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Ann Vasc Surg. 2013 Jan;27(1):96-103. doi: 10.1016/j.avsg.2012.06.007. Epub 2012 Oct 23.

The effect of statin use on embolic potential during carotid angioplasty and stenting.

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1
Department of Vascular Surgery, Mount Sinai School of Medicine, New York, NY 10029, USA.

Abstract

BACKGROUND:

Statin use results in atherosclerotic plaque stabilization. We sought to determine the effects of statins on the size and number of embolic particles generated during carotid artery stenting (CAS).

METHODS:

Embolic debris from carotid filters following CAS was analyzed using photomicroscopy and imaging software. Patient comorbidities, pre-operative cerebrovascular symptoms, statin use, and outcomes (peri-operative major adverse events, MAE) were reviewed.

RESULTS:

Carotid filters from 62 consecutive CAS procedures were examined. The mean age is 68.7 ± 9.8 years, 64% were men, 41 (66%) were on statins at the time of CAS, and 27 (43.5%) had neurological symptoms pre-procedurally. The mean intra-procedural stenosis was similar between groups (statin: 89.4 ± 7.4% vs. no statin: 88.4 ± 5.9%, P = NS). There was no significant difference in overall pre-operative symptoms between the two groups. Statin users were more likely to have coronary artery disease (CAD, P = 0.02), hyperlipidemia (HL, P = 0.047), or have undergone coronary artery bypass (CABG, P = 0.01). Statin use was associated with significantly less embolic particles (statin: 16.4 ± 2.1 vs. no statin: 42.4 ± 9.5, P = 0.001) during CAS. Further, multivariate analysis controlling for CAD, HL, and CABG confirmed that statin use was independently associated with less captured debris (P = 0.005). There was no significant difference in the mean particle size (statin: 326.2 μm ± 31.1 vs. no statin 310.5 μm ± 41.8), peri-procedural stroke, and MAE between the two groups (P = NS).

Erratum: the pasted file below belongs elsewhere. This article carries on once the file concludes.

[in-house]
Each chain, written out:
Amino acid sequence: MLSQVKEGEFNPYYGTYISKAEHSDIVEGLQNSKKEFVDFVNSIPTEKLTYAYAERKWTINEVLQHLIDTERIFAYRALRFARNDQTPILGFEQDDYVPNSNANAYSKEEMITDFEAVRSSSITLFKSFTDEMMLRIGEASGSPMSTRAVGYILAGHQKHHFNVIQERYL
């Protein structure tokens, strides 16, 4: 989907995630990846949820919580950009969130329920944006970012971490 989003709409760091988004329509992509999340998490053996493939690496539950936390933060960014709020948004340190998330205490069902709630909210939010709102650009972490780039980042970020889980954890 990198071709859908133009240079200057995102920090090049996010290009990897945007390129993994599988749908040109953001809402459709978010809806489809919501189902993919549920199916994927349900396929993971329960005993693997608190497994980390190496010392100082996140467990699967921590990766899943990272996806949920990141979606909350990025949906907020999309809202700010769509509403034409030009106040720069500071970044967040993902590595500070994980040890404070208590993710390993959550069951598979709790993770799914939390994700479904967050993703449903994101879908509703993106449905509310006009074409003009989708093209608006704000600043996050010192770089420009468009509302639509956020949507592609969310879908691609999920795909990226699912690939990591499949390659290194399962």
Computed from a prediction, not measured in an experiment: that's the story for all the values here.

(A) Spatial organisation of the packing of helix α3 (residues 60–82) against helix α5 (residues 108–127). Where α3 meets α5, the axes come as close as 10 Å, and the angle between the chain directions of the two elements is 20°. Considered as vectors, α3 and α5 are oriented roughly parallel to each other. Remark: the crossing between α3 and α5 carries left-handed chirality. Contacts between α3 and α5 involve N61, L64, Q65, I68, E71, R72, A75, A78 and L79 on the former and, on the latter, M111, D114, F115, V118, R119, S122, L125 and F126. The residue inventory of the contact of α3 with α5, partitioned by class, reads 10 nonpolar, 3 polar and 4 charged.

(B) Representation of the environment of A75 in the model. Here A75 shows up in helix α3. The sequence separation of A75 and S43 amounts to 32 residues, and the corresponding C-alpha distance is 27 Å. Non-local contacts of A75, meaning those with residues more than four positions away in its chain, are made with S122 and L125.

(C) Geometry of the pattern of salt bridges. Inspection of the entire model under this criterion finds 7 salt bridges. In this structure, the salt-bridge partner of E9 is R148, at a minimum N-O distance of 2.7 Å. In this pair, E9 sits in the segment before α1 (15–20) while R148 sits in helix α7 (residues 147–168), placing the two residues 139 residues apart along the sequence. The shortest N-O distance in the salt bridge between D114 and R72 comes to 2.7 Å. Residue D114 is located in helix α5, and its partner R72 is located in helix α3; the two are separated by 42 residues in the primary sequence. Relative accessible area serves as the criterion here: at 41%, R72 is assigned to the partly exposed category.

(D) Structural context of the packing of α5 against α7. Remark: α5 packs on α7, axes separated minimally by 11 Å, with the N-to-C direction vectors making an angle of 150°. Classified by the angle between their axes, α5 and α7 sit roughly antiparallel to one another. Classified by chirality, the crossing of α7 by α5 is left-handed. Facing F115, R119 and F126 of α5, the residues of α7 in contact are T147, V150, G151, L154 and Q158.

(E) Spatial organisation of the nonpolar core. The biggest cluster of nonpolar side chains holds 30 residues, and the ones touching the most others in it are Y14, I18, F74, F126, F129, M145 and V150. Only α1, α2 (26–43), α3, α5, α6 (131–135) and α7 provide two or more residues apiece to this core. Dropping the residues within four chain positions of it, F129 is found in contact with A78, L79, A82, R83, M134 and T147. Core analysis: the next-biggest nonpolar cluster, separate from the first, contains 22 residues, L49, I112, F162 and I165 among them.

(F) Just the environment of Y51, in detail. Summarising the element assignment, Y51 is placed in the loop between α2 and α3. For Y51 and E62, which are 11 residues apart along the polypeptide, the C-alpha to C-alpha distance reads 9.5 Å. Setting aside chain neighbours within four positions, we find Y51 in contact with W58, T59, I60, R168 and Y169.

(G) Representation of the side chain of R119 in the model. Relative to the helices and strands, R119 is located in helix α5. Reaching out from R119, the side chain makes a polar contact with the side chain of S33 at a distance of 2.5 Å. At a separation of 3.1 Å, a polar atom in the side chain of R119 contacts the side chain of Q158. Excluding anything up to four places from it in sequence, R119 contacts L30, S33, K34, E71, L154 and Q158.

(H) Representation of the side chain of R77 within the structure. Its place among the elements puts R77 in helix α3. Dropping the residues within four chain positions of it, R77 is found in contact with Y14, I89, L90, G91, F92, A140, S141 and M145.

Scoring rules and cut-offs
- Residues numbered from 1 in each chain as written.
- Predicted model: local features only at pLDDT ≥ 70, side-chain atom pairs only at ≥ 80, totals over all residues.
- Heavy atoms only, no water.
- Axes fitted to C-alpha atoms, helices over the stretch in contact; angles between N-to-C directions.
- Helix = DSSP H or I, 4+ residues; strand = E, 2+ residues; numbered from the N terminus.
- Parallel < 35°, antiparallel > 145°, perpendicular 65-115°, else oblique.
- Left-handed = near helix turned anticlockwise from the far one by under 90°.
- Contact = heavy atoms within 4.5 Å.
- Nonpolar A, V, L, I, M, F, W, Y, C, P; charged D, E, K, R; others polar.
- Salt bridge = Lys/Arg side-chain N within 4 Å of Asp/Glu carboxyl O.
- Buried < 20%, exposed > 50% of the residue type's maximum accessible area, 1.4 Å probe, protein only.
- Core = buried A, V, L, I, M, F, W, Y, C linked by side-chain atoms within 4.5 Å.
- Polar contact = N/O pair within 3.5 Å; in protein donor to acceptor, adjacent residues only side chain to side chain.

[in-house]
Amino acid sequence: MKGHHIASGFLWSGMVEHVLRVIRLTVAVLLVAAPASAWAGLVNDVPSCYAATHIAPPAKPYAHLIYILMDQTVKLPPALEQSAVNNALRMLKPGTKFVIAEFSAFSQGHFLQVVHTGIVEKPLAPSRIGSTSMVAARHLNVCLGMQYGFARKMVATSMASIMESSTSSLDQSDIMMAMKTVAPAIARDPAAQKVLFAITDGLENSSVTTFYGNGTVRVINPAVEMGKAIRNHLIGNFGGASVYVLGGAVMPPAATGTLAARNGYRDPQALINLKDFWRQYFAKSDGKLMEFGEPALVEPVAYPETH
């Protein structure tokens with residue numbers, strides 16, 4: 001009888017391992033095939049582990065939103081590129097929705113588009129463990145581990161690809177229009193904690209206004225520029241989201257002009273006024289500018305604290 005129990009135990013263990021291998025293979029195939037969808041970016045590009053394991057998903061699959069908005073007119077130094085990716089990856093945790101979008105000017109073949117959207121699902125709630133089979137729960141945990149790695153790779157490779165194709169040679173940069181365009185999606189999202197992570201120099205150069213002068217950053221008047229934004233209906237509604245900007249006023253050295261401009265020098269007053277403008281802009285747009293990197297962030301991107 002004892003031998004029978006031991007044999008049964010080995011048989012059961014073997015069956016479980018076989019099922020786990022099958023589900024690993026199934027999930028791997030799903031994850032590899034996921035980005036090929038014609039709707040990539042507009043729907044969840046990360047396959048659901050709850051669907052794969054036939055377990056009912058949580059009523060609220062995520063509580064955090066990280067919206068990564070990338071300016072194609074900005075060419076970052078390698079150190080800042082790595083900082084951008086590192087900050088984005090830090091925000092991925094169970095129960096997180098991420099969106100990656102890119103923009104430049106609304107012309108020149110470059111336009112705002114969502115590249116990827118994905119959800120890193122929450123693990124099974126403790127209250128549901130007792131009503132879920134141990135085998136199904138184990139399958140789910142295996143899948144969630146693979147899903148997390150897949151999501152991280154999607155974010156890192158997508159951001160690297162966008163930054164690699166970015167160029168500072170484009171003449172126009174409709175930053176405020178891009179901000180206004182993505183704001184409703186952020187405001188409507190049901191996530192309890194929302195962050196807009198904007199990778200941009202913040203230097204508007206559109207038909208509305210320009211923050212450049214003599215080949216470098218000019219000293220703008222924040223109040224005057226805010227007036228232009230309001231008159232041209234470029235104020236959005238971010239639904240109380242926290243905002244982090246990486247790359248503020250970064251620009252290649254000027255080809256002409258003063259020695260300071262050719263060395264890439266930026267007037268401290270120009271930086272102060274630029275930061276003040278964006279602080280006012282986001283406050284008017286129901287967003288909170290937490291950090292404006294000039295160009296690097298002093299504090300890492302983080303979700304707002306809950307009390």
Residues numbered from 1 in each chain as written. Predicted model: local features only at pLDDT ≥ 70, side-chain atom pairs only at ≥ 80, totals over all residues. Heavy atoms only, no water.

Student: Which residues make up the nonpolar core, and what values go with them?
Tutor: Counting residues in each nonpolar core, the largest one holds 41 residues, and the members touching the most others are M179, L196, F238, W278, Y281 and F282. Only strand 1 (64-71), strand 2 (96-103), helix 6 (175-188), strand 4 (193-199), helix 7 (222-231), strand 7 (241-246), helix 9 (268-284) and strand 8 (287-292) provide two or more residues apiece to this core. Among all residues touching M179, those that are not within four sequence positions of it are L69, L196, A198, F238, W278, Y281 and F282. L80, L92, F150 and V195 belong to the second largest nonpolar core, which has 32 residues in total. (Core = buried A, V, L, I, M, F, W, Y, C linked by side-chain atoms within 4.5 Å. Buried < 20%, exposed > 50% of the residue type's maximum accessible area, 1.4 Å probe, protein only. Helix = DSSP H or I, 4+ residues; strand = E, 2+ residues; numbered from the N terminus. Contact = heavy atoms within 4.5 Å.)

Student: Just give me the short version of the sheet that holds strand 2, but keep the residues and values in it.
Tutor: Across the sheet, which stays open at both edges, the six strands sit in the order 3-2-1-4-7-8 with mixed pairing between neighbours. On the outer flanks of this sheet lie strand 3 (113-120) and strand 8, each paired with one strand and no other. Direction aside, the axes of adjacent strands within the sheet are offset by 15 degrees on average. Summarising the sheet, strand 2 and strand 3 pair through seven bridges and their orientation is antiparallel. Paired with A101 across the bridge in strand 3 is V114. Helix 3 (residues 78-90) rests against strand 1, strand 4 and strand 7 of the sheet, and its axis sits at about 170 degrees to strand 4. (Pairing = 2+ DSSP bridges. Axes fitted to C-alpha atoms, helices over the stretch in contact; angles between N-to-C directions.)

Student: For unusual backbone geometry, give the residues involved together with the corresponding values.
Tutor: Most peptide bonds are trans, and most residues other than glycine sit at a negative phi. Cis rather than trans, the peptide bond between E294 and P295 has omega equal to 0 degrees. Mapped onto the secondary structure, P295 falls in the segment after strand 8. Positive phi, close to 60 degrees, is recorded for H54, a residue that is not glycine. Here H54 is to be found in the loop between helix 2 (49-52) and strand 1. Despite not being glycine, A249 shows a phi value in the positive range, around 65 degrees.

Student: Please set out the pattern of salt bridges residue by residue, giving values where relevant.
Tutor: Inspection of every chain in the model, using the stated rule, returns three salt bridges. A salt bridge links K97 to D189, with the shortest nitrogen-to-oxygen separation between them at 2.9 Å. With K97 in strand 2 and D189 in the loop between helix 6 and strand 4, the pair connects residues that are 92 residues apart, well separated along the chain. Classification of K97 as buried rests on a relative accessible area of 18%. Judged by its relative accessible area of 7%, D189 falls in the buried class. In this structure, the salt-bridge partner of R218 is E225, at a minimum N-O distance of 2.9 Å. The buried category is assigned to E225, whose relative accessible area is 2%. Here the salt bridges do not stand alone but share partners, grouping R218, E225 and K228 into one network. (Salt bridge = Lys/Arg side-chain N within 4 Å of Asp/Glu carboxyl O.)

CONCLUSIONS:

Statin use is associated with less embolic debris during CAS. Further investigation utilizing a larger study group is necessary to assess the impact of statin use on peri-procedural outcomes.

PMID:
23088806
DOI:
10.1016/j.avsg.2012.06.007
[Indexed for MEDLINE]
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